I’m Slow, and That’s Okay ~ Marj Ivancic

“Their victories do not equate to your failures.”

That’s a mantra of sorts for me. I came up with it somewhere around age forty when I had a personal epiphany about myself and how I reacted to other people’s “successes.”  I realized I was allowing their accomplishments, big and small, to make me question my own abilities. I was trying to seize myself up against them. This need to compare stems from some deep-rooted confidence issues, I know. And it took me a while to see it. But now that I know that trait is there, I’ve been making a concerted effort to head it off before it can get in my way. And I’ve done a decent job, though I have to admit, it’s been especially difficult since entering the indie author world. 

Or more specifically, the dark realm of social media.

For an excruciatingly slow writer, seeing post after post of authors celebrating the release of their umpteenth book is painful. I cannot fathom being able to crank out a full-length novel in under a year, let alone four or more. Yet that is what some are able to do.

Yes, I work full time. Yes, I have family obligations, a house to care for…yadda, yadda, yadda. But those obligations aren’t unique to me. Plenty of other writers have those same time-sucks (and more!) and yet are prolific little literary rabbits.

So, why do the words come so quickly for them but so slowly for me?

Perhaps it means I’m not meant to be a writer. Or maybe, I’m just not a good writer. Because a real writer wouldn’t struggle to bring their story to life, right?

And then I stumbled on this little gem: Your Thinking Rate Is Fixed.

In this blog, the author discusses the concept that the speed with which we think and make decisions is set and cannot be sped up. And while the article is primarily focused on decision-making in the workplace, I think it applies to writing as well, for doesn’t crafting a solid story require thousands of decisions?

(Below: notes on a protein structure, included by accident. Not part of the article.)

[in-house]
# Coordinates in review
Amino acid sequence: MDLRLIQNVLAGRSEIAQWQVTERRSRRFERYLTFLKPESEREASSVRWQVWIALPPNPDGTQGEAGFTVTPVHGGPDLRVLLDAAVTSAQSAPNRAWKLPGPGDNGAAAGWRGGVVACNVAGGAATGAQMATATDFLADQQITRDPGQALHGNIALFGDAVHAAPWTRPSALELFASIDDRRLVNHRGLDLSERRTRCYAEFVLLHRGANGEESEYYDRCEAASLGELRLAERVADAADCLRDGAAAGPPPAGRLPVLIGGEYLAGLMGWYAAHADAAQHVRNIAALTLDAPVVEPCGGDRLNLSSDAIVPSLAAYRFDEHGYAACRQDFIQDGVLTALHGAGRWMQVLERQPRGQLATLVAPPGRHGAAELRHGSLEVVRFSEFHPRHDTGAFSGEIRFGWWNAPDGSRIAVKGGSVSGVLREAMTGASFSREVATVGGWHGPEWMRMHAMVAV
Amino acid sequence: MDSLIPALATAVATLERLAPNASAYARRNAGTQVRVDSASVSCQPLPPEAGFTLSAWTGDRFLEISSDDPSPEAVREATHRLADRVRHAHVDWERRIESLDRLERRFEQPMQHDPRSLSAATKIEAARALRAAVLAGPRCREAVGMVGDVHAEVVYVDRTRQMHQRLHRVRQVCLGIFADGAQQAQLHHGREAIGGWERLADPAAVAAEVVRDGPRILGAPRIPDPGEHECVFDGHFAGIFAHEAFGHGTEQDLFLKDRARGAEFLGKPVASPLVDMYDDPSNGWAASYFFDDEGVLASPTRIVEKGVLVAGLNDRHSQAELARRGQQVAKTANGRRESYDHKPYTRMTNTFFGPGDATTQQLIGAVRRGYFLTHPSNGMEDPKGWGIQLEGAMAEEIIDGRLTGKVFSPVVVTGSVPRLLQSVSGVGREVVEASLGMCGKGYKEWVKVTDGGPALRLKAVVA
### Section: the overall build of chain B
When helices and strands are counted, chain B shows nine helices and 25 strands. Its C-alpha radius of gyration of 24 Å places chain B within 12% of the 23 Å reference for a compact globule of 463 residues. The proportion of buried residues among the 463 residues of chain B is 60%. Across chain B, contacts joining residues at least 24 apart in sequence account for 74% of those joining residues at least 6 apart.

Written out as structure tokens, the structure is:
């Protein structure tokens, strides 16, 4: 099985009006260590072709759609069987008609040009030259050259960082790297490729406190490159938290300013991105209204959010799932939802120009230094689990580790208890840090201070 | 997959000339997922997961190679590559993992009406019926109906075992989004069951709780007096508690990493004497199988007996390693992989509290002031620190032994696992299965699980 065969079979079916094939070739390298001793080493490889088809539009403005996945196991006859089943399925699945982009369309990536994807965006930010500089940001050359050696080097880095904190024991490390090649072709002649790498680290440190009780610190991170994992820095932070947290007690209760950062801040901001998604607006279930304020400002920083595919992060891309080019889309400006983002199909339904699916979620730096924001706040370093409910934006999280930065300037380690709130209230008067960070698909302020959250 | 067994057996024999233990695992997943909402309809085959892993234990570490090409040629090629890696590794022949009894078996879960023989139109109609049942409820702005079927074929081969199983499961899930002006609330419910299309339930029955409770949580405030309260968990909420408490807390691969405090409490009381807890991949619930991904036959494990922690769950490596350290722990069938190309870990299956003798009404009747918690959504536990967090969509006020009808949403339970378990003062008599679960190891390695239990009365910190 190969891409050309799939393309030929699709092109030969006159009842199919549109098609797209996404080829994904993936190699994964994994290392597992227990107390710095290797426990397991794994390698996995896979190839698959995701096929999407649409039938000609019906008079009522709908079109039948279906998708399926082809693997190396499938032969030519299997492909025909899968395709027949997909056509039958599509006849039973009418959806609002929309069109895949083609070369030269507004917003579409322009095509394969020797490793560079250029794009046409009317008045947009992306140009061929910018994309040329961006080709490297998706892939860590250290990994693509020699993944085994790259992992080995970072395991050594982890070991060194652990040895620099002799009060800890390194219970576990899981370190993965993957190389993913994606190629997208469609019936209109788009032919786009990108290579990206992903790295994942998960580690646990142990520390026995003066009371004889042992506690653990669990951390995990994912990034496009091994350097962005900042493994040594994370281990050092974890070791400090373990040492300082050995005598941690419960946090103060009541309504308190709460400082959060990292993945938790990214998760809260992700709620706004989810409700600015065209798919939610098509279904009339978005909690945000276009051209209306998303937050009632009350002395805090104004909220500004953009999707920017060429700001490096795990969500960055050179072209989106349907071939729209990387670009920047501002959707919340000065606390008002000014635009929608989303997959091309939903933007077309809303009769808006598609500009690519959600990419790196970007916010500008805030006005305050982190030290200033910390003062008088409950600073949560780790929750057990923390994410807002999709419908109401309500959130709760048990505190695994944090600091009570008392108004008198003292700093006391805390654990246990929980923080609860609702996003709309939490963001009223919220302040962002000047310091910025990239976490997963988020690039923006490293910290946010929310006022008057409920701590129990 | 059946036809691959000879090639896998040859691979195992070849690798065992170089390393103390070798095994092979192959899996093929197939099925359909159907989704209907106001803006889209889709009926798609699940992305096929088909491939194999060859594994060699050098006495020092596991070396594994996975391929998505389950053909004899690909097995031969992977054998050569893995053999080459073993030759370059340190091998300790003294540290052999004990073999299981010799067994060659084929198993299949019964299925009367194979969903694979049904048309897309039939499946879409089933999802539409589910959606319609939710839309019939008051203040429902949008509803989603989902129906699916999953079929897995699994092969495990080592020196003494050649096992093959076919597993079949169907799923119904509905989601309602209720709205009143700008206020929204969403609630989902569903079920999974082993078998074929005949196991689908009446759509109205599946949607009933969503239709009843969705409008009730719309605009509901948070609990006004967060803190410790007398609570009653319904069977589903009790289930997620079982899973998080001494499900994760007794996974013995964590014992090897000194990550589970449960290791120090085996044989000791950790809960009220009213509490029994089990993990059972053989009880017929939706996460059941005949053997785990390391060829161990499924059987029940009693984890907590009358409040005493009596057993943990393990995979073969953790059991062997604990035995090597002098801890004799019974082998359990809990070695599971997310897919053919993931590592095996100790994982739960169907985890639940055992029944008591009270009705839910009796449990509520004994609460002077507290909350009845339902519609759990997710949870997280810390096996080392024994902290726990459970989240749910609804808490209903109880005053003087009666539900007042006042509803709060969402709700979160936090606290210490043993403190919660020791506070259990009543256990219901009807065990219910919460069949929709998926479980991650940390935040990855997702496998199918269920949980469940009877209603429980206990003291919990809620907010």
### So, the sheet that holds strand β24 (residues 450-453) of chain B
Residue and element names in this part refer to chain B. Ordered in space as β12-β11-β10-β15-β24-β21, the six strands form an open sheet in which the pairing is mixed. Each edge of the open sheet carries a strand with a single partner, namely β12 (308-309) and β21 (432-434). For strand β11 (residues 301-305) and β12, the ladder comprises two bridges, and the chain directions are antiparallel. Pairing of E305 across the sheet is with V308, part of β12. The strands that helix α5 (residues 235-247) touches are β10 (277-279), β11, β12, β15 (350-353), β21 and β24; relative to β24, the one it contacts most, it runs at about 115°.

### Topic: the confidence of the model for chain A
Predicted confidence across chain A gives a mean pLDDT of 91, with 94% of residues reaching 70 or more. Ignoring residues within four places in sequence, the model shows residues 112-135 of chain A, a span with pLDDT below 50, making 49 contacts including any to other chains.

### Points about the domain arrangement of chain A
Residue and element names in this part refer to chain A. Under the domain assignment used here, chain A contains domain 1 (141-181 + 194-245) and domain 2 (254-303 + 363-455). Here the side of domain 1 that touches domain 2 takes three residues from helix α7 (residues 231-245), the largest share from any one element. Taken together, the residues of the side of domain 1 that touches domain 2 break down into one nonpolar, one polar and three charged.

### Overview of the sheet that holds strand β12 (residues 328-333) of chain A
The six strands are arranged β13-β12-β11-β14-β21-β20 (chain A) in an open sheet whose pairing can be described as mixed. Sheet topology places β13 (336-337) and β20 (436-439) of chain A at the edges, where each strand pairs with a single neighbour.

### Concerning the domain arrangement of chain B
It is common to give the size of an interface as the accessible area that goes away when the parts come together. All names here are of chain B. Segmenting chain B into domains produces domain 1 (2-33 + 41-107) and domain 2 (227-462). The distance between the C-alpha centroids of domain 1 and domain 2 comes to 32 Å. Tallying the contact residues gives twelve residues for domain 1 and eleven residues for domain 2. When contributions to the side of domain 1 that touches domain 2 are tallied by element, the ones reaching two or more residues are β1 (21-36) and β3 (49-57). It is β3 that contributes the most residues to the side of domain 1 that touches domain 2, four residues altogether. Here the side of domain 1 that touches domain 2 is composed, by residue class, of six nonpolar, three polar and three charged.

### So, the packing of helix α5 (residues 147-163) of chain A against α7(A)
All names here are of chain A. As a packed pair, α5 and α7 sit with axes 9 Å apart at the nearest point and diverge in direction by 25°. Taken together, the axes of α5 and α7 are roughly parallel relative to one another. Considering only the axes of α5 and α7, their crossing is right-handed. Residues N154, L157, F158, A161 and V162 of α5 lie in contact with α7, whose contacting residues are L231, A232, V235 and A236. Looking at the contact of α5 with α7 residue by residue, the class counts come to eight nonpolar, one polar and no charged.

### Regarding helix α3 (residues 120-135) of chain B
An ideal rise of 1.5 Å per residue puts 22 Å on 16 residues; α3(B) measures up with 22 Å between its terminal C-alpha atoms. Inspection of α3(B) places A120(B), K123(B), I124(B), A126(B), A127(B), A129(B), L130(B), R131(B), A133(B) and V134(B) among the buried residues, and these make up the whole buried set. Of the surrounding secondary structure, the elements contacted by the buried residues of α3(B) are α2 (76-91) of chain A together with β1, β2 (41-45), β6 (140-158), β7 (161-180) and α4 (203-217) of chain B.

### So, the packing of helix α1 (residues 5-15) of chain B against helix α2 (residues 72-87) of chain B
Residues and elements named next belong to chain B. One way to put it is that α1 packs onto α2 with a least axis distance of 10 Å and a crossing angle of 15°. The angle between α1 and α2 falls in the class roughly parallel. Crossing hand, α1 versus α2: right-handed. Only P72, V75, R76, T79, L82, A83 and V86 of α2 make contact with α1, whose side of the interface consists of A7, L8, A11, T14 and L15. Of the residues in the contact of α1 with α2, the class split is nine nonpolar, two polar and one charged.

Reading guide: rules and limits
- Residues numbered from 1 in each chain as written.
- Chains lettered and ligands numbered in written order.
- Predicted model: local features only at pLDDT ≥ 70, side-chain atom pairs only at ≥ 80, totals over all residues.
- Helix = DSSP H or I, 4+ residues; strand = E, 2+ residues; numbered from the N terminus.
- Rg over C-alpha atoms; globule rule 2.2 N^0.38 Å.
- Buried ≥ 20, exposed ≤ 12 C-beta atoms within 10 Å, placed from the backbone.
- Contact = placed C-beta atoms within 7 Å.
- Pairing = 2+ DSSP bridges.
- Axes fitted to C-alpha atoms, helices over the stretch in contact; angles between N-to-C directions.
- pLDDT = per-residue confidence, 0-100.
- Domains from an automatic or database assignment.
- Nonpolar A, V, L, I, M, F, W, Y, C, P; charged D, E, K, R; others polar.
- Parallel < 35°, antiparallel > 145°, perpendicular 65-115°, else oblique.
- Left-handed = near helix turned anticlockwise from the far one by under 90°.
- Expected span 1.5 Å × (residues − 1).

Does my character go here or there? How does he/she react? Which action verb best conveys the emotion he/she is feeling? What plot twist will keep the pages turning?

As an author, I think about each and every one of those questions. A lot. I roll them around in my mind. I take them for walks. I sit and stare silently at them, waiting for them to talk to me.  And in truth, I do this with nearly all things in my life. I am also terrible at debates, because I can’t process someone’s points fast enough to come back with a good counterpoint. It’s usually days later when I think of the perfect thing to say. Because by then, I’ve had time to consider the statement or question from all angles, to haul forth other information from my brain’s cache store and apply it.

I certainly don’t blame ALL of my sluggish production on the fact that my thinking rate is set to “tortoise” rather than “hare,” but it does relieve some of the pressure. Because like other things I can’t change about myself, such as my height or the size of my feet, I can let it go. I don’t have to waste any more time and effort trying to combat it. Instead, I can move on to the things I can control, like not comparing myself to anyone other than the person in the mirror.


5 comments:

  1. This is so true for so many of us. We allow ourselves to be sucked in by all of this and before we know it, we fall down the rabbit hole of not good enough. I loved the article you linked and so appropriate in so many situations. Thanks for your insight, as always.

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    1. Rabbit holes are so sneaky! Glad you liked the article. I find many of their blogs fascinating.

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  2. I’m glad you’ve stooped comparing yourself to other writers as a measure of your success. The only thing that matters is whether you enjoy the process. If you enjoy it, then keep doing it!

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  3. The stress we put on ourselves is so damaging. Celebrate every single word - no matter how long it takes to put them on the page!!!

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